Bugs!  Bugs in our food, and not by accident.  No. No. And No. That’s the end for me.  If bugs become an environmentally friendly, fat free food source, then one of the core tenets of my existence is obsolete.  I have built a life on the principle of bugs being icky.   It’s part of my fabric.  No amount of fat shaming or earth- loving green tyranny will change that.

If this becomes a reality, what will it mean for our relationship with bugs?  Will exterminators go out of business?   If your house gets overrun with ants will it suddenly be like when your bananas go bad?  You just make a bread? If your kid comes home with lice will you say, Good for you.  Now you have your after school snack. And kudos to you, kiddo.  You’re self-sustaining.

And how will the margarine be made?  Is it not butter because it’s not milk?  Or are they milking these worms with tiny little pumps?  Or, just gross speculation here (with an emphasis on gross) are they mashed up into a fine paste?  Is their poop part of the paste, or how do you keep the poop out of the product? Then again, perhaps feces is a trifle when, after all, you are eating worms.

What is outside the social parameters now?  What is unfit to eat?  Will all social taboos dissolve under the buckling pressure of healthy fats and global warming?

I think bug eating will change us as a people.  And I guess I’d rather be dead, than eat a worm.

EyeLashgate

First of all, I blame this whole thing on Megyn Kelly.  Second, I do not believe the decisions that I make deserve the outcome that they get.   

Back in October a writing colleague suggested that I look into Storycatchers, a local live story telling event.  An open mic night was scheduled for a Wednesday at 6:00 PM, hardly convenient for any woman between the ages of 25-55. Nonetheless I decided I must try it, and two of my friends wanted to come along for support.    That Wednesday afternoon out of the blue at 2:00pm like a lightning bolt to my neck, I was struck with spontaneous laryngitis.  Panicked and desperate I sucked on lozenges and drank tea with honey for the next four hours, with no sign of abatement. By 4:00 my voice catapulted over the sexy Jessica Rabbit stage and landed squarely on Marge Simpson.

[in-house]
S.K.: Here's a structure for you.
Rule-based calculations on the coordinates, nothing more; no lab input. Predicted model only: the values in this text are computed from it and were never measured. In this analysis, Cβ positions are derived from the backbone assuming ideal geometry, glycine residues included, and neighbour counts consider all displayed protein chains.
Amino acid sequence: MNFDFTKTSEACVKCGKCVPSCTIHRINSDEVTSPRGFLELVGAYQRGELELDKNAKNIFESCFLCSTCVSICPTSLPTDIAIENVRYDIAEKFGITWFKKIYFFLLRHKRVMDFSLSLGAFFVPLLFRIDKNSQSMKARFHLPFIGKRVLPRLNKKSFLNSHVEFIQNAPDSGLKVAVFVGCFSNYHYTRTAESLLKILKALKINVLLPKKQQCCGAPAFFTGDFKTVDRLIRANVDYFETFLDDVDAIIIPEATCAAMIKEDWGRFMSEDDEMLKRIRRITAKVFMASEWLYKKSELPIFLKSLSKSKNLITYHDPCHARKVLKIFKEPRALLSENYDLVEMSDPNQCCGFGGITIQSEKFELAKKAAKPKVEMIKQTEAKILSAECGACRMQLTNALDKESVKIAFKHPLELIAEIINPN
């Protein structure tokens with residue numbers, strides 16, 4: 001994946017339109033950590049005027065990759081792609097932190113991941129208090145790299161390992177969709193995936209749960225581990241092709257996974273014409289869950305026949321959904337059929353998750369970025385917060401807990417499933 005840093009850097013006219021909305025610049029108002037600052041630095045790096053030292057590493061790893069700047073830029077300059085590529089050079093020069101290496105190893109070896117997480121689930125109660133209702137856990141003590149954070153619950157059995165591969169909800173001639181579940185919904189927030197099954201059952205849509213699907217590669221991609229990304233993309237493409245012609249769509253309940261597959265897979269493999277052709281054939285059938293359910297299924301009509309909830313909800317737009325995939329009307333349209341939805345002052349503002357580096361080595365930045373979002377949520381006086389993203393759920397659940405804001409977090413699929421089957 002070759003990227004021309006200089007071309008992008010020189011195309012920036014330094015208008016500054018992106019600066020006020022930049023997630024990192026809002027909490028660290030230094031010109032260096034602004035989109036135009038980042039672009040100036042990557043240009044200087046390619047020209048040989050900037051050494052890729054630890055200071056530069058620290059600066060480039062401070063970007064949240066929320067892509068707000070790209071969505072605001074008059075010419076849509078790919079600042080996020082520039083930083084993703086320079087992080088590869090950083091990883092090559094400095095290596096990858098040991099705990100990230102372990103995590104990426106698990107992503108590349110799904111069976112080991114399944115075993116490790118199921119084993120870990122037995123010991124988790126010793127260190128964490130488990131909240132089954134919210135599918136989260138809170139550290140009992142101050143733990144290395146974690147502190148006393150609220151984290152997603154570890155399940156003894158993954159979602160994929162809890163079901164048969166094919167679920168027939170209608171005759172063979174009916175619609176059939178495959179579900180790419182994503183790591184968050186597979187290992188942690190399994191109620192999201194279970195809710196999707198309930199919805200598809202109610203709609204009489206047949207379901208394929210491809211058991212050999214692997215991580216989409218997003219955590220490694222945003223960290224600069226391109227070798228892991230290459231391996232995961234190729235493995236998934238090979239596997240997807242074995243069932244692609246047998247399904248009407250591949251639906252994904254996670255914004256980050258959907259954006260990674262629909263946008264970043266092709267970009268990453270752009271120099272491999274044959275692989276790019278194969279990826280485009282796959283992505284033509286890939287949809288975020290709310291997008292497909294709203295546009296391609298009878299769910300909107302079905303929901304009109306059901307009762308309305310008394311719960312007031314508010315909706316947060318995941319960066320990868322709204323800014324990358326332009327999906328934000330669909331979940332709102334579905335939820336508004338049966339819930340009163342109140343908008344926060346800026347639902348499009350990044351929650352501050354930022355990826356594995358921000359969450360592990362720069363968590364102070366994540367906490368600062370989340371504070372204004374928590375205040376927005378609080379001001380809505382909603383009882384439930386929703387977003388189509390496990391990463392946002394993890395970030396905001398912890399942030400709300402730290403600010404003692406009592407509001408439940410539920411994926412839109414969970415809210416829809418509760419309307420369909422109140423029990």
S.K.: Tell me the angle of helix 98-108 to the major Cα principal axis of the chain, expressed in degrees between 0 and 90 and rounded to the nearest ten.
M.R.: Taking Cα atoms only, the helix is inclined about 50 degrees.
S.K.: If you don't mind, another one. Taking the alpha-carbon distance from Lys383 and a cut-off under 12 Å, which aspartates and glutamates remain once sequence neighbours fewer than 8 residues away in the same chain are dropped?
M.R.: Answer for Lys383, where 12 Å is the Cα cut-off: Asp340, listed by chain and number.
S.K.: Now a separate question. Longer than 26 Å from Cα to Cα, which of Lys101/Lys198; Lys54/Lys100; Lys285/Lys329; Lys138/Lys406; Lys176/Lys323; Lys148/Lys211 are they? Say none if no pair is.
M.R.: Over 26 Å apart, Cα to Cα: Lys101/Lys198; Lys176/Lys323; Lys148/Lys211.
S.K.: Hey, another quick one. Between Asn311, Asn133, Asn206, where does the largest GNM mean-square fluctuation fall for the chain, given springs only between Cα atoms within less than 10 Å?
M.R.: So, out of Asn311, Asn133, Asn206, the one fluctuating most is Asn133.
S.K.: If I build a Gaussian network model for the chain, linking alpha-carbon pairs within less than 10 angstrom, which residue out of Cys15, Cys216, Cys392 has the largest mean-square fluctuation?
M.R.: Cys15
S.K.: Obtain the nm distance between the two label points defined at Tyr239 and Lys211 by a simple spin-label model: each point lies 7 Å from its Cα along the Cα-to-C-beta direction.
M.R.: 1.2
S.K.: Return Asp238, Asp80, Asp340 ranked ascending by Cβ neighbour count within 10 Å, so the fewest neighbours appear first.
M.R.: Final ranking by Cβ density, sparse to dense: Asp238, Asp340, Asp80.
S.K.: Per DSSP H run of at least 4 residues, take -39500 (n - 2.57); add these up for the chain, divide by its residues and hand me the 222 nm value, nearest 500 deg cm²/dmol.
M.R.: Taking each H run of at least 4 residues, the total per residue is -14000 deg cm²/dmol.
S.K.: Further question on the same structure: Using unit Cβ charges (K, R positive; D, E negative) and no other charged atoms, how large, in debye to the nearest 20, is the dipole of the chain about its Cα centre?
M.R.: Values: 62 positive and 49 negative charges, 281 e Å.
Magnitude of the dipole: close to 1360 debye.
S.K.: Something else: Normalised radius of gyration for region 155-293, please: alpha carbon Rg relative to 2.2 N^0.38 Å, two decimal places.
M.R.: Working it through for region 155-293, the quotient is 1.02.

I really wanted to give up, just say forget the whole thing because I’d probably embarrass myself anyway, but my two friends inconvenienced themselves and their families just for me.  I would have chickened out but the wheels of babysitters and microwave meals were already set in motion. Marge Simpson or not, I was taking the mic.   

I croaked out a version of a story despite the iron grip fate had secured upon my vocal cords. Surprisingly, the coordinator of Storycatchers said she definitely wanted me to perform at the next evening event.  That she liked my voice.  Fully confident that she meant my writing voice and not Marge Simpson, I agreed to do it.

Then I went home and thought about what I had agreed to.  A seed of panic turned into an unwieldy weed garden.  I couldn’t do this.  What would I say?  It was scary up there.  So I decided to do what I normally do in the face of something unpleasant.   I buy lipstick.  Only this was really scary and lipstick alone was not going to do the job.  So I’m doing what I do best, which is being paralyzed by fear, and on the TV is Megyn Kelly promoting her new book.

Now, I don’t care what your political leanings are- the fact is Megyn Kelly is cute as a button.  And I notice when they show her from a side angle that she is wearing false eyelashes.  That’s it, I declare to myself and the dog – I am getting some false eyelashes.

And I did, I bought the best ones I could find.  The saleslady put them on me and I felt like a diva.  I texted all my friends.  Forget Botox, you gotta get yourself some false eyelashes. 

One of my more grounded friends reminded me that I better practice putting them on before the big event.  And I knew just the place I needed the confidence boost. Earlier in the week, when I was submitting my idea for the Storycatchers event, the coordinator, Tara, asked if I would be interested in recording my blogs for her website.  This would be the perfect trial run for my new “lash on life.”